UK: Tetra Laval/Sidel Merger: European Court of Justice Supports Judicial

Review of EU Merger Decisions

On February 15, the European Court of Justice (the equivalent of the United States Supreme Court) upheld the Court of First Instance’s judgment overturning the European Commission’s decision to block the merger between Tetra Laval and Sidel. At stake was the scope of judicial review of the Commission’s opinions and the standard of proof and the sufficiency of the evidence needed by the Commission to support its opinions. A stinging legal defeat for the Commission, this decision affirms the right of the court to scrutinize its opinions to ensure that they are supported by sufficient economic evidence and consider mitigating factors when making predictive judgments.


Tetra Laval is the world leader in the carton packaging sector; Sidel is active in the PET (polyethylene terephthalate) packaging segment and manufactures a ‘stretch blow moulding’ machine (SBM machine) used in the PET packaging process. While Tetra and Sidel have a common customer base, they operate in different market segments and are not actual competitors, although in the future they may be.

In October 2001, the European Commission blocked this conglomerate merger. According to the Commission, the merger would have encouraged Tetra to ‘leverage’ its dominant position for carton packaging into a dominant position in SBM machines. The Commission’s theory was that Tetra would have pressured or incentivized customers switching to PET solutions to buy Sidel’s SBM machines, eliminating smaller rivals, representing an important source of potential competition. In addition, even though Tetra had entered into a number of commitments, including a commitment not to make joint offers for both its carton products and SBM machines, the Commission took the view that these behavioral remedies were insufficient and that compliance could not be easily monitored.

Following Tetra Laval’s appeal, in October 2002 the Court of First Instance (CFI) of the European Communities overturned the Commission’s decision, based on manifest errors by the Commission in its economic analysis of the likely effects of the merger. The Commission appealed the CFI’s decision to the European Court of Justice (ECJ) on five separate grounds. One involved the standard of proof the Commission is required to satisfy in reaching its merger decisions and the scope of the CFI’s judicial review of merger decisions. A second involved the Commission’s failure to consider mitigating factors in predicting future anticompetitive effects and the role of certain types of remedies. The remaining three related to whether the CFI had correctly interpreted certain facts.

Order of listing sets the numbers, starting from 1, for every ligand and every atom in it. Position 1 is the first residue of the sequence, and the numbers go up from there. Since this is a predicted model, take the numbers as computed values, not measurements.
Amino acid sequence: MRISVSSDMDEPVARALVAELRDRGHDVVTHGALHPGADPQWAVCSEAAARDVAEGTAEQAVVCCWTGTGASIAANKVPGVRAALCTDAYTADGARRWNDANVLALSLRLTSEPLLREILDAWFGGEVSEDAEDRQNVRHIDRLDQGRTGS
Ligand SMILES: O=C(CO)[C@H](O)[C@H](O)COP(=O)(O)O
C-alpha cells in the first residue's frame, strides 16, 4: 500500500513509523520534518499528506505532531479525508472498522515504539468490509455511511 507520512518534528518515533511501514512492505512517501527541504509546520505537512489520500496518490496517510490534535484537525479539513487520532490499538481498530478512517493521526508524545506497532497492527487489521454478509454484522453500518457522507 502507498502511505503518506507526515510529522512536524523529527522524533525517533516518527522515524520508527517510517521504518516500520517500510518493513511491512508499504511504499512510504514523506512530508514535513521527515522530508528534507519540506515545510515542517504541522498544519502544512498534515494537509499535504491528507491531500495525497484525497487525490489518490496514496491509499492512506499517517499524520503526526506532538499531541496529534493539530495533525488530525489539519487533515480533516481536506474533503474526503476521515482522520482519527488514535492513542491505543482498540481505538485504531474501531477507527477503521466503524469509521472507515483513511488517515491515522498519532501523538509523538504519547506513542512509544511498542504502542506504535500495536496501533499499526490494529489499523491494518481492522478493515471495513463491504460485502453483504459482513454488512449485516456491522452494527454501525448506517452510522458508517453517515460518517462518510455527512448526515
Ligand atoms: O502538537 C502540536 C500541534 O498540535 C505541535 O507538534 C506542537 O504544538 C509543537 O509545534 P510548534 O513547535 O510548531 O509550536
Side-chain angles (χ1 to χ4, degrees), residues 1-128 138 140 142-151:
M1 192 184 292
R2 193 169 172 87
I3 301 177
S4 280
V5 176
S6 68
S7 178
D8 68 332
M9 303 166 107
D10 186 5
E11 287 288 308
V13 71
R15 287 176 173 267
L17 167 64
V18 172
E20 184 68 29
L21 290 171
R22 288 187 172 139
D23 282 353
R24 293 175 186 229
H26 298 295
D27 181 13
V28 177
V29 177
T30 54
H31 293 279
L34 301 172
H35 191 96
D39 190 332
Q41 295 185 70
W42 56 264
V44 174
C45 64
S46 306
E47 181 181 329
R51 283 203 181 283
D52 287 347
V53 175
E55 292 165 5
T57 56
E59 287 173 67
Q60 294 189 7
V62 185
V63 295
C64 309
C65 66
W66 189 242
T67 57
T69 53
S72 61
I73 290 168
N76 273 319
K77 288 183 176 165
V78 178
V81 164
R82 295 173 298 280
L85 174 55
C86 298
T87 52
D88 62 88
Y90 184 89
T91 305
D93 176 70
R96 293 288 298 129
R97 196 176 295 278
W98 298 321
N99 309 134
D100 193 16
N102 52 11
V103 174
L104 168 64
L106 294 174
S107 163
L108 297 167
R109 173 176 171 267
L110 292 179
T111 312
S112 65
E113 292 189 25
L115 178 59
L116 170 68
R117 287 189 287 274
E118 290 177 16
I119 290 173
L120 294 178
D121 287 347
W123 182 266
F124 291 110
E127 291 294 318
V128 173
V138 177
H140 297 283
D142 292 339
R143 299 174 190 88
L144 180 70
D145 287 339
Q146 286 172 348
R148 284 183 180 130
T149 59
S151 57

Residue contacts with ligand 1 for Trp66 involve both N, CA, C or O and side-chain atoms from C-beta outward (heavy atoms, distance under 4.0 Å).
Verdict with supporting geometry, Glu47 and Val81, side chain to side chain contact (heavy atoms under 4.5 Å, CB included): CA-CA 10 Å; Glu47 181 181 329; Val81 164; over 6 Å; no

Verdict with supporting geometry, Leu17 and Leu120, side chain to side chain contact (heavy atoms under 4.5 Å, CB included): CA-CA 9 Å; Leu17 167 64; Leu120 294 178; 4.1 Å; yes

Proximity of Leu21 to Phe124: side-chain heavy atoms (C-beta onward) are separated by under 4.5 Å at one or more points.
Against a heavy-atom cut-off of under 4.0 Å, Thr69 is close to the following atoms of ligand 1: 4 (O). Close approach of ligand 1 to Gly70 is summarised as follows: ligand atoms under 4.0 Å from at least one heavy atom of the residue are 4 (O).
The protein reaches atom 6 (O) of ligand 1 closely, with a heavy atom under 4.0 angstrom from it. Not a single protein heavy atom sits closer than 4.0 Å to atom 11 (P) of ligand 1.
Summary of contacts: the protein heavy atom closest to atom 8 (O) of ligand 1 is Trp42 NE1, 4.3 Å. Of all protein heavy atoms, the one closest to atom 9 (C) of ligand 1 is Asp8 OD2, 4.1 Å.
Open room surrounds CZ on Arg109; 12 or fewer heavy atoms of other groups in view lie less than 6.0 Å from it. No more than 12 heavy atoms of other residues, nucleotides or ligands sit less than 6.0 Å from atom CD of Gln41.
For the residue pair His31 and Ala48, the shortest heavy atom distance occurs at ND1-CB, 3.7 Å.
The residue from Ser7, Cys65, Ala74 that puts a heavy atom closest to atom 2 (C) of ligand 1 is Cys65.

The Decision

The ECI specifically addressed the first two grounds of appeal and rejected the remaining ones because they were either unfounded or dealt with factual issues which are outside of the jurisdiction of the ECI, which is only able to consider legal issues on appeal.

The Court distinguished between two kinds of conglomerate mergers involving complementary products: (1) those that directly and immediately impact competition in the one market, due to the dominant position in the other market; and (2) those where the future conduct of the merged entity results in a situation where a dominant position in the second market is created or strengthened. The Court acknowledged that a conglomerate merger can be anticompetitive, stating that while conglomerate mergers are often considered as neutral or beneficial from a competitive standpoint, in neighboring markets, there is a possibility that one of the merger parties could leverage its dominant position in one market to acquire, relatively quickly, a dominant position in the other market.

Finding that the Tetra Laval/Sidel merger fell within the second category, requiring the Commission to use a prospective analysis, the Court held that the Commission has a margin of discretion, especially when evaluating economic matters. Nonetheless, the CFI has the right to review the Commission’s interpretation of economic information to determine if the evidence relied on is factually accurate, reliable and consistent and if the Commission has considered all information necessary to substantiate its conclusions. The fact that this case involved a prospective analysis made review by the CFI even more necessary, as the quality of evidence in such cases is even more important.


Many lawyers and companies may celebrate the decision as placing greater checks on the omnipotent European Commission. But the trend to overturn enforcers, which has also been affecting the FTC and DOJ, might ultimately backfire as it undermines their ability to protect consumers. This decision represents an important precedent and thus will likely impact the Court’s review of the GE/Honeywell merger expected later this year, another case that involves the anticompetitive effects of a merger between companies with largely complementary products.

The content of this article is intended to provide a general guide to the subject matter. Specialist advice should be sought about your specific circumstances.

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